Esophageal Cancer

Get Back Your Health
QUIT SMOKING TODAY!

Esophageal cancer is the presence of malignant cancer cells within the tissue that lines the muscular tube through which food travels on its way to the stomach, the esophagus.   The National Cancer Institute estimates as many as 15,560 new esophageal cancer cases in 2007 with a reported 13,940 deaths over the same time period.  Because early detection is crucial in the successful treatment of esophageal cancer, it is important to understand the risk factors and symptoms as well as different screening and diagnostic options available.

The risk factors associated with esophageal cancer include those which are genetic and cannot be prevented such as being male or African American as well as those which require a certain behavior such as cigarette smoking and continued heavy consumption of alcohol.  It is also important to note that the risk of developing esophageal cancer increases with age and/or declining health.  Because treatment is much more difficult and statistically not as successful in the cancer’s later stages it is important to note how many of the risk factors you possess, coupled with your family history so you may speak with your doctor about the potential benefits of screening for esophageal cancer even if no symptoms are present.  In many cases of esophageal cancer, the onset of symptoms often did not occur until the malignant cancer cells had time to spread.  Without screening, these patients did not become aware of their esophageal cancer until it was much harder to treat.  The symptoms of esophageal cancer often include, but are not limited to, unexplained weight loss, painful and difficult swallowing, chest pain and indigestion or heartburn.  It is important to speak with your doctor immediately if experiencing any of these symptoms.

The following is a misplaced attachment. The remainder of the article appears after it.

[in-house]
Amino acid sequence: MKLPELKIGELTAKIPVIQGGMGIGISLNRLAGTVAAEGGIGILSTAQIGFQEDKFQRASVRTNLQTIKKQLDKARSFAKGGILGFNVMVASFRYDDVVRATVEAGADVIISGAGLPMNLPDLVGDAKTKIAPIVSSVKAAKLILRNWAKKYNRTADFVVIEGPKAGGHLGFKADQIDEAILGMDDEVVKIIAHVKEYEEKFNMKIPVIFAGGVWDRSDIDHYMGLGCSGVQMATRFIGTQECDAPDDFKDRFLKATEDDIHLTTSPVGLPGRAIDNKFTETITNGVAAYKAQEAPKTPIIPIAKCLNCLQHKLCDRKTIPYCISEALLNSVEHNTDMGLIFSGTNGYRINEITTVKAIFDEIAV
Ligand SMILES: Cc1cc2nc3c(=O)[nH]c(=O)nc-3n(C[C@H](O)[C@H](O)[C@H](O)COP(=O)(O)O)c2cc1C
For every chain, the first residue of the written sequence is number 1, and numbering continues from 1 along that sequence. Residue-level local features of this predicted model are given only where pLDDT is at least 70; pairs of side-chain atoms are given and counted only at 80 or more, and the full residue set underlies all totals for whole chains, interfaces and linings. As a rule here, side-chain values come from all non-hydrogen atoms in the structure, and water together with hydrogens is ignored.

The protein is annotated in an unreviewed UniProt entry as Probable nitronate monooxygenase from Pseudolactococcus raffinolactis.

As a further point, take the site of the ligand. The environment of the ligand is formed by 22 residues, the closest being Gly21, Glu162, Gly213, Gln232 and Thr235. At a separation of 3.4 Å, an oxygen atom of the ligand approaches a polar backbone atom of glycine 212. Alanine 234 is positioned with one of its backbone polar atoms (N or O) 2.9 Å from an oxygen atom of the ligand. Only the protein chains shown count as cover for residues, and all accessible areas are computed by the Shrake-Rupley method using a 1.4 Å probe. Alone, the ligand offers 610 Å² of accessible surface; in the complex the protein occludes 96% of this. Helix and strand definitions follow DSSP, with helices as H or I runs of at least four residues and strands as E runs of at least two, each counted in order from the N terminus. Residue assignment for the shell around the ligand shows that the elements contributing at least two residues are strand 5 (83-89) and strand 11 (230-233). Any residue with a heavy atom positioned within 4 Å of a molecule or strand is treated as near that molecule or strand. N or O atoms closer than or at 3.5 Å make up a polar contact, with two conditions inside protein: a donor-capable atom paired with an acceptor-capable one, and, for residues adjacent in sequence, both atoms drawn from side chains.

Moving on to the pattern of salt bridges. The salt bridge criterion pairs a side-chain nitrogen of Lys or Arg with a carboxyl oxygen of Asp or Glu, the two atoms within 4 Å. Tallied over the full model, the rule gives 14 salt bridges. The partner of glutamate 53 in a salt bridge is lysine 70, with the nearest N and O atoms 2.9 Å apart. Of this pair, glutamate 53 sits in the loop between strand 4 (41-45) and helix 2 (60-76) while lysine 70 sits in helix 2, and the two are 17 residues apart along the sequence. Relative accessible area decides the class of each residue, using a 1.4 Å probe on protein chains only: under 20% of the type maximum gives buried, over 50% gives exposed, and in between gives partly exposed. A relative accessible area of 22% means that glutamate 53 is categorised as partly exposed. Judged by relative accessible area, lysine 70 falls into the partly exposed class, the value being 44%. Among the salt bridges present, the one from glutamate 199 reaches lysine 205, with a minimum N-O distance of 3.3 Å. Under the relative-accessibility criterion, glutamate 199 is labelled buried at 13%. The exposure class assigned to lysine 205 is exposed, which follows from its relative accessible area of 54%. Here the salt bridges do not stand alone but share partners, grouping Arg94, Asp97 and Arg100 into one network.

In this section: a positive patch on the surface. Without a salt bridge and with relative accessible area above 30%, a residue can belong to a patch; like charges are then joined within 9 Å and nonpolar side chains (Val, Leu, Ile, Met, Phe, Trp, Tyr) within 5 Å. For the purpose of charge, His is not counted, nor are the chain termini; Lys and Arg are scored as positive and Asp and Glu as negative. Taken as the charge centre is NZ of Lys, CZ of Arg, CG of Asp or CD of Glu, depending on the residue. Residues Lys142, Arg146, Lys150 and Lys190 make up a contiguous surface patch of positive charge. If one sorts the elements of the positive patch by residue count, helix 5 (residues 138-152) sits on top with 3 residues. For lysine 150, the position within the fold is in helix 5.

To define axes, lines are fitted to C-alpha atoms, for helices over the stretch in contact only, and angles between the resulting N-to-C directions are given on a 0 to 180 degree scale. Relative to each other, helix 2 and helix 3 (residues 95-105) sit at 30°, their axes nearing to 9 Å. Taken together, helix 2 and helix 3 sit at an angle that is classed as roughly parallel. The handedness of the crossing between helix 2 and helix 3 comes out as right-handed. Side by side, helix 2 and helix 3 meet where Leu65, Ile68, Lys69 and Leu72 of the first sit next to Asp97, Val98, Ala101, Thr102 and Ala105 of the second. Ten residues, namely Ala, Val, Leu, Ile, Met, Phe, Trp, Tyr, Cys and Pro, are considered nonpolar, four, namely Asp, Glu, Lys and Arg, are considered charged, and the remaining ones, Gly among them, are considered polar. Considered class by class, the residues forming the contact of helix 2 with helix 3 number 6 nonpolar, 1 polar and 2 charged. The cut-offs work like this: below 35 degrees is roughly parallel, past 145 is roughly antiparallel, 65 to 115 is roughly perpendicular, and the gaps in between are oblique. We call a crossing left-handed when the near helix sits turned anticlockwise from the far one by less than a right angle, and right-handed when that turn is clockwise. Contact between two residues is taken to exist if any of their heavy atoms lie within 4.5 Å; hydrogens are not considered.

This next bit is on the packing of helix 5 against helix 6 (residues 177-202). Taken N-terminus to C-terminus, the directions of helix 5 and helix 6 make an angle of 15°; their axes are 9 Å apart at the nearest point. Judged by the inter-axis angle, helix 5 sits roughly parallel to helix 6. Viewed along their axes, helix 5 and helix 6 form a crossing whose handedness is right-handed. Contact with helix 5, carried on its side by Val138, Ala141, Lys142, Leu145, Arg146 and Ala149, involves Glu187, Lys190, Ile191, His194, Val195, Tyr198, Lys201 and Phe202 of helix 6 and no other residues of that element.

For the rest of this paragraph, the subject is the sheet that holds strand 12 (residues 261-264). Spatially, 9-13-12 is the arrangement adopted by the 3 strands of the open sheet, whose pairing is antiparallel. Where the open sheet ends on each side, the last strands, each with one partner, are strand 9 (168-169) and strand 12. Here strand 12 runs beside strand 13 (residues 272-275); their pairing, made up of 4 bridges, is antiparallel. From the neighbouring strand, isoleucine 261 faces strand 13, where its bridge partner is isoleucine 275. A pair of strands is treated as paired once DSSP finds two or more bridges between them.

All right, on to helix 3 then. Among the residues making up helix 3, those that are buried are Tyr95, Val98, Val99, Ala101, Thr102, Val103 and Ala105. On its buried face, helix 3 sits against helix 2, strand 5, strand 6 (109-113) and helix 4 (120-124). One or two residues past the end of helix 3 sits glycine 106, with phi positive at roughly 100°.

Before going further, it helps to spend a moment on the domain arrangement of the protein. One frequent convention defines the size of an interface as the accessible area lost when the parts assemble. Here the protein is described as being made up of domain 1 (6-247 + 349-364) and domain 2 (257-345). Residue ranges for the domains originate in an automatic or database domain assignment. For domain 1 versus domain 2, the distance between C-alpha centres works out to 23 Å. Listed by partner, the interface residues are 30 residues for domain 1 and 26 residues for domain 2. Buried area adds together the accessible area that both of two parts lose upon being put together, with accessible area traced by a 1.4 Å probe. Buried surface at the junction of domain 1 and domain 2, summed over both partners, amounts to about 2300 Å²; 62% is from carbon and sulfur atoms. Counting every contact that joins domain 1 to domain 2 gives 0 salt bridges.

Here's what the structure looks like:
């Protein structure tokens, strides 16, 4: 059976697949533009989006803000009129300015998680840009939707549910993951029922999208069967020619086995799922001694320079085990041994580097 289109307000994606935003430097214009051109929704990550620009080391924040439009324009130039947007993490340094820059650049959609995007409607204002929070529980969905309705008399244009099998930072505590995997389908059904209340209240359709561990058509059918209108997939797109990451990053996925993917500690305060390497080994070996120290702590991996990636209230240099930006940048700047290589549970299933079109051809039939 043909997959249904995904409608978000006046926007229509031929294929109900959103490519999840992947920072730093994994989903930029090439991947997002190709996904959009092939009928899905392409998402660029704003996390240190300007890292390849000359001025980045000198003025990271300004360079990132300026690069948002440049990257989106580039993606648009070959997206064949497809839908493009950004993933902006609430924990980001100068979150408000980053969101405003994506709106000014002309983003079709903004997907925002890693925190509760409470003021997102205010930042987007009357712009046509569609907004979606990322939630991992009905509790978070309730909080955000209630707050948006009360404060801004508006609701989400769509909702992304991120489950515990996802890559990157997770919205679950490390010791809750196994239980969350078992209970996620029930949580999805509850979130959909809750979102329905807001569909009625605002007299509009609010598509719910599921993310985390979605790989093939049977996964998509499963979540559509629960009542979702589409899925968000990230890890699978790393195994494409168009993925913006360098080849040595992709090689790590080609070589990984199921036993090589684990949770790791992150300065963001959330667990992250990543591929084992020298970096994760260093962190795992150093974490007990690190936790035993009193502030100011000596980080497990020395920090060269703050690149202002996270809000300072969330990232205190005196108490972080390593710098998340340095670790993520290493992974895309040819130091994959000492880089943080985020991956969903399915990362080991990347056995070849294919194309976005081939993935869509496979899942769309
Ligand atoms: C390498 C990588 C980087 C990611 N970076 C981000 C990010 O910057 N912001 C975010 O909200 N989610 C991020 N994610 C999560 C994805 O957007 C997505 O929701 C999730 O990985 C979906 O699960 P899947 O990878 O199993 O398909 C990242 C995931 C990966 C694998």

For high risk patients or those experiencing symptoms, there are a few different tools available to your doctor to aid in diagnosis.  Some of the diagnostic tools your doctor may utilize are standard chest x-rays and upper GI series barium x-rays.  An esophagoscopy is a procedure in which a camera is inserted into the esophagus, allowing doctors to inspect the esophageal lining for abnormal cells.  If any suspicious cells are located, a biopsy will then be performed to detect if the cells are malignant in nature and thus cancerous.

Latest Article: American Cancer Society

The American Cancer Society was formed in 1913 by a team of 15 doctors and has grown, evolved, and helped countless people that have been diagnosed with cancer to the society we know today.  The American Cancer Society is the place that you should go to for any and all information on cancer.  They have a call center – the National Cancer Information Center - that is...

Related Articles: